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"Till Facebook does us part." People who spend hours every day on the social networking site are more likely to get divorced than those who don't use it, finds a new study in Computers in Human Behavior.

It could be that people in crappy relationships are just more likely to spend time avoiding their spouses by posting statuses and liking photos, says study coauthor Sebastian Valenzuela, Ph.D., of the Pontifical Catholic University of Chile. On the other hand, Facebook exposes you to old flings and new mates, makes sneaking around on your wife easier to hide, and also leads to addictive behaviors--all of which won't do your marriage any favors, Valenzuela adds. (Heading for the altar? You might be surprised at these 5 Signs Your Marriage Will Last.)

Like the old "guns don't kill people . . . people kill people" line, you can't blame all your problems on Mark Zuckerberg. But a broken marriage isn't the only bad thing researchers have linked to Facebook use.

It saps your motivation to give back. "Liking" or showing support for charity organizations on Facebook lowers the odds that you'll donate your time or money to those causes, finds research from the University of British Columbia. Your public thumbs-up satisfies your desire to look charitable in front of others and makes you feel good about yourself, which wipes out your motivation to volunteer time or cash, the researchers say.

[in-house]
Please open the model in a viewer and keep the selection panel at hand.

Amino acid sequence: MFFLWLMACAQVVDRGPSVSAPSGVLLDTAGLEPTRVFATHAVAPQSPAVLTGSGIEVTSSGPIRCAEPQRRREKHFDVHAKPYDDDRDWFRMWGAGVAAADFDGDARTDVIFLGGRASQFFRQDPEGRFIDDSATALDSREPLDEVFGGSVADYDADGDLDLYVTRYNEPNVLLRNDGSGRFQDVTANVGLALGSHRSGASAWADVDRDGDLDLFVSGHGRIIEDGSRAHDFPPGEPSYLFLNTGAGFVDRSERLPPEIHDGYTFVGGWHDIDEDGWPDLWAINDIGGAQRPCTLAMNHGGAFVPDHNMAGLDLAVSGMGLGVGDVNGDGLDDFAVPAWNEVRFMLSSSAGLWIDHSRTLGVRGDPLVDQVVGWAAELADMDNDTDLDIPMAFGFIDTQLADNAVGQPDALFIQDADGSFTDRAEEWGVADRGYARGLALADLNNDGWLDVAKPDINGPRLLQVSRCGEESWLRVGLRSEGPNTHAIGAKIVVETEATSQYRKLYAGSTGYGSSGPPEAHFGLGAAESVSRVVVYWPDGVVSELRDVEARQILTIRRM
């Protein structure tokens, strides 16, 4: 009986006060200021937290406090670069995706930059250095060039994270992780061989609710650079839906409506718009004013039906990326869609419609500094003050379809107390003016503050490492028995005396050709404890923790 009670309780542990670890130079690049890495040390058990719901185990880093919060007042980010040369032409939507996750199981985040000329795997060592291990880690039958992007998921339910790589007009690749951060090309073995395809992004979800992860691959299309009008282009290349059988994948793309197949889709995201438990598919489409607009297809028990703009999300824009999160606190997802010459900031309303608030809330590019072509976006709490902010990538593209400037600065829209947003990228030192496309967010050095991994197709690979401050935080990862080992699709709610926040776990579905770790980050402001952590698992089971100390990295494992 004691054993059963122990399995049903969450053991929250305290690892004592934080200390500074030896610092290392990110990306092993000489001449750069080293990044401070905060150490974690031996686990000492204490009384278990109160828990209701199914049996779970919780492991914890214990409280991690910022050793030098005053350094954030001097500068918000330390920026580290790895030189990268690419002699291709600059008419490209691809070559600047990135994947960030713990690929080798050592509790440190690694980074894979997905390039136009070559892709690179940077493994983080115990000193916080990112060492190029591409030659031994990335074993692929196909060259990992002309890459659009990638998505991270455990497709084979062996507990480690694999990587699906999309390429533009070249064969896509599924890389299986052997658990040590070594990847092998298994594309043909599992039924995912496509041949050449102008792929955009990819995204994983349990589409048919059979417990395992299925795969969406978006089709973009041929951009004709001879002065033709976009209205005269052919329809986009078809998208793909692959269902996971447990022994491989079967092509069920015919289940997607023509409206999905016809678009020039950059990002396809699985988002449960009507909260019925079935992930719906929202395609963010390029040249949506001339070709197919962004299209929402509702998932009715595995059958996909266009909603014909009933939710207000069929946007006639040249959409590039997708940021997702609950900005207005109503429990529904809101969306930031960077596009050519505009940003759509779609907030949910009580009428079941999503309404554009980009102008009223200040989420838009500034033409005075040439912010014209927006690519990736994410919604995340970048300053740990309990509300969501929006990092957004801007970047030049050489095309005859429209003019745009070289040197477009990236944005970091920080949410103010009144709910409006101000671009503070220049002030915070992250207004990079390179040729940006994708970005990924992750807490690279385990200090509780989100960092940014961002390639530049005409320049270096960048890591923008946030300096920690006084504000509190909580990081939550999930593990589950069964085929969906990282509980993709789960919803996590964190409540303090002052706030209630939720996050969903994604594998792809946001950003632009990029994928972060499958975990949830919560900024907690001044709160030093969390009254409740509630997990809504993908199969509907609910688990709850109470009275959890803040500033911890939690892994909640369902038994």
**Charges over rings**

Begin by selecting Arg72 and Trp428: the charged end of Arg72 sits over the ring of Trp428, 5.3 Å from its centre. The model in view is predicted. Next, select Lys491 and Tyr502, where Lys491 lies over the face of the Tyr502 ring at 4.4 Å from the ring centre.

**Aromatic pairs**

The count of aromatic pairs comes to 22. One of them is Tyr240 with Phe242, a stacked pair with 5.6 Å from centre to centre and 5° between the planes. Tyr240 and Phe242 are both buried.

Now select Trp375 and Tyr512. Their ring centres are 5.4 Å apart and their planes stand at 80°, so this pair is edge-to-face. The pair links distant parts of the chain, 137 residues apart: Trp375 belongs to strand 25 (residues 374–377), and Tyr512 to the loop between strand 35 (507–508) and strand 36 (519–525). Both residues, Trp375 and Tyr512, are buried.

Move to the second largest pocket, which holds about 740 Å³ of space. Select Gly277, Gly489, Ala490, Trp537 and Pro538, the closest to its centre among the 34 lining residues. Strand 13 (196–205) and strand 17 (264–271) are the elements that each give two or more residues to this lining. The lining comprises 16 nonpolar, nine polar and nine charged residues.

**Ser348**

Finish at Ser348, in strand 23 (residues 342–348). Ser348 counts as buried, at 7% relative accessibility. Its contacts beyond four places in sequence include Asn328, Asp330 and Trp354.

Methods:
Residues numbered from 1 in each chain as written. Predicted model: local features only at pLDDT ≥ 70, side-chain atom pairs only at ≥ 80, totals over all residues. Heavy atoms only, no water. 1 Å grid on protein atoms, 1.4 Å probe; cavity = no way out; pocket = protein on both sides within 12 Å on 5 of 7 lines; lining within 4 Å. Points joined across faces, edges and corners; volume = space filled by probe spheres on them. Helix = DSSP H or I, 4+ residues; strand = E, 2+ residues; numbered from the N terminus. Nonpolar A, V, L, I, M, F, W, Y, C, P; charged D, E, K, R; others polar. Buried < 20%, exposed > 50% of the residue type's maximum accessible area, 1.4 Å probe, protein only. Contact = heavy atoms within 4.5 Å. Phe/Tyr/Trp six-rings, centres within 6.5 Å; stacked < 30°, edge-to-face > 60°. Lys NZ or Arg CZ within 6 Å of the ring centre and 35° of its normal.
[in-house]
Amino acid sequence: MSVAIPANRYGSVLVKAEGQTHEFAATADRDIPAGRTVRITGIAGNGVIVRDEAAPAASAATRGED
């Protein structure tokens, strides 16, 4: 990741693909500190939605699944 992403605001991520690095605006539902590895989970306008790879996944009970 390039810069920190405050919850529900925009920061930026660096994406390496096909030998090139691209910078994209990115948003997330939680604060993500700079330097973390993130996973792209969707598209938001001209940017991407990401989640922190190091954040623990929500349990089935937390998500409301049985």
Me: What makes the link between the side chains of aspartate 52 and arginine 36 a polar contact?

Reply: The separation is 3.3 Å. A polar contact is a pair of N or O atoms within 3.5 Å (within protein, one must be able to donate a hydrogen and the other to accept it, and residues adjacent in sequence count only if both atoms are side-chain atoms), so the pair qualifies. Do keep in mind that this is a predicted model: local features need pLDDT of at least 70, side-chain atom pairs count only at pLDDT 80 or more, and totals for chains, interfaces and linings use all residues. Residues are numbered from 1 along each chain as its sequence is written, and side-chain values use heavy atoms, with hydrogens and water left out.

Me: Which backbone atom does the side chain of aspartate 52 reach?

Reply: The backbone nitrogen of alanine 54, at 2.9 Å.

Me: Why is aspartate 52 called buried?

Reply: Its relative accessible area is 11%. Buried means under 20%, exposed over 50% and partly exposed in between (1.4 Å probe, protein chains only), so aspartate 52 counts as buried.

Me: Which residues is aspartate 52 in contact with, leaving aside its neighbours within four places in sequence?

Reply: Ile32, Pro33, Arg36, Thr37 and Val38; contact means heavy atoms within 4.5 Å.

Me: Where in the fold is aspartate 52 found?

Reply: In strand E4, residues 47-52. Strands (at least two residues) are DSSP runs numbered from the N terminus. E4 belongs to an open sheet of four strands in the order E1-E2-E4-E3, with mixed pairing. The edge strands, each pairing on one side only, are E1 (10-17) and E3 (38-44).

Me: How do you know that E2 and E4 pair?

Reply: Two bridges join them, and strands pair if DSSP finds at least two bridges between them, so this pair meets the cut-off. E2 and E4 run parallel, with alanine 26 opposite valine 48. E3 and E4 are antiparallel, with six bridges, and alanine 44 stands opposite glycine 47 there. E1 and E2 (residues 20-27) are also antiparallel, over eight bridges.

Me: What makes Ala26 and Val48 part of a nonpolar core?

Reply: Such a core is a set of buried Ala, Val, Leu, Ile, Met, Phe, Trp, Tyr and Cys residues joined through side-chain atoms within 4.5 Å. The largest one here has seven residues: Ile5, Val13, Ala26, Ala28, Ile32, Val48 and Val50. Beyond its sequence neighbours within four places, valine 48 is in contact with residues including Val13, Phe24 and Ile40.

It crushes your mood. The more time you spend on Facebook, the more your attitude sours, shows a study from Austria. You probably realize that staring at profiles and pictures isn't a very productive use of your time. And the recognition that you've wasted a big chunk of your day on something meaningless clouds your mood, the researchers explain. (Excessive smartphone use can have a negative impact on your life. Here are five reasons you might want to power down.)

It makes you dumb. After looking at their own Facebook pages for 5 minutes, people took 15 percent longer to answer simple math questions. That's because your profile inflates your ego, which undercuts your brain's motivation to perform, say the researchers from the University of Wisconsin-Madison.

It renders your life unsatisfying. The more you surf, the less satisfied you feel about life in general, indicates a study from the University of Michigan. It's inevitable that some of your friends will be posting about the fun, interesting stuff they're doing. And contrasting your own boring life to theirs--something Facebook basically forces you to do--could explain these negative consequences, the authors say.

It leaves you lonely. Scanning your friends' profiles increases feelings of social exclusion and "invisibility," finds research from Australia. Because you're observing your buddies but not interacting with them, you feel cut off or left out, the study suggests. (The good news: If you actively post things--pics, updates--and your pals respond to your posts, these bad feelings go away, the study shows.)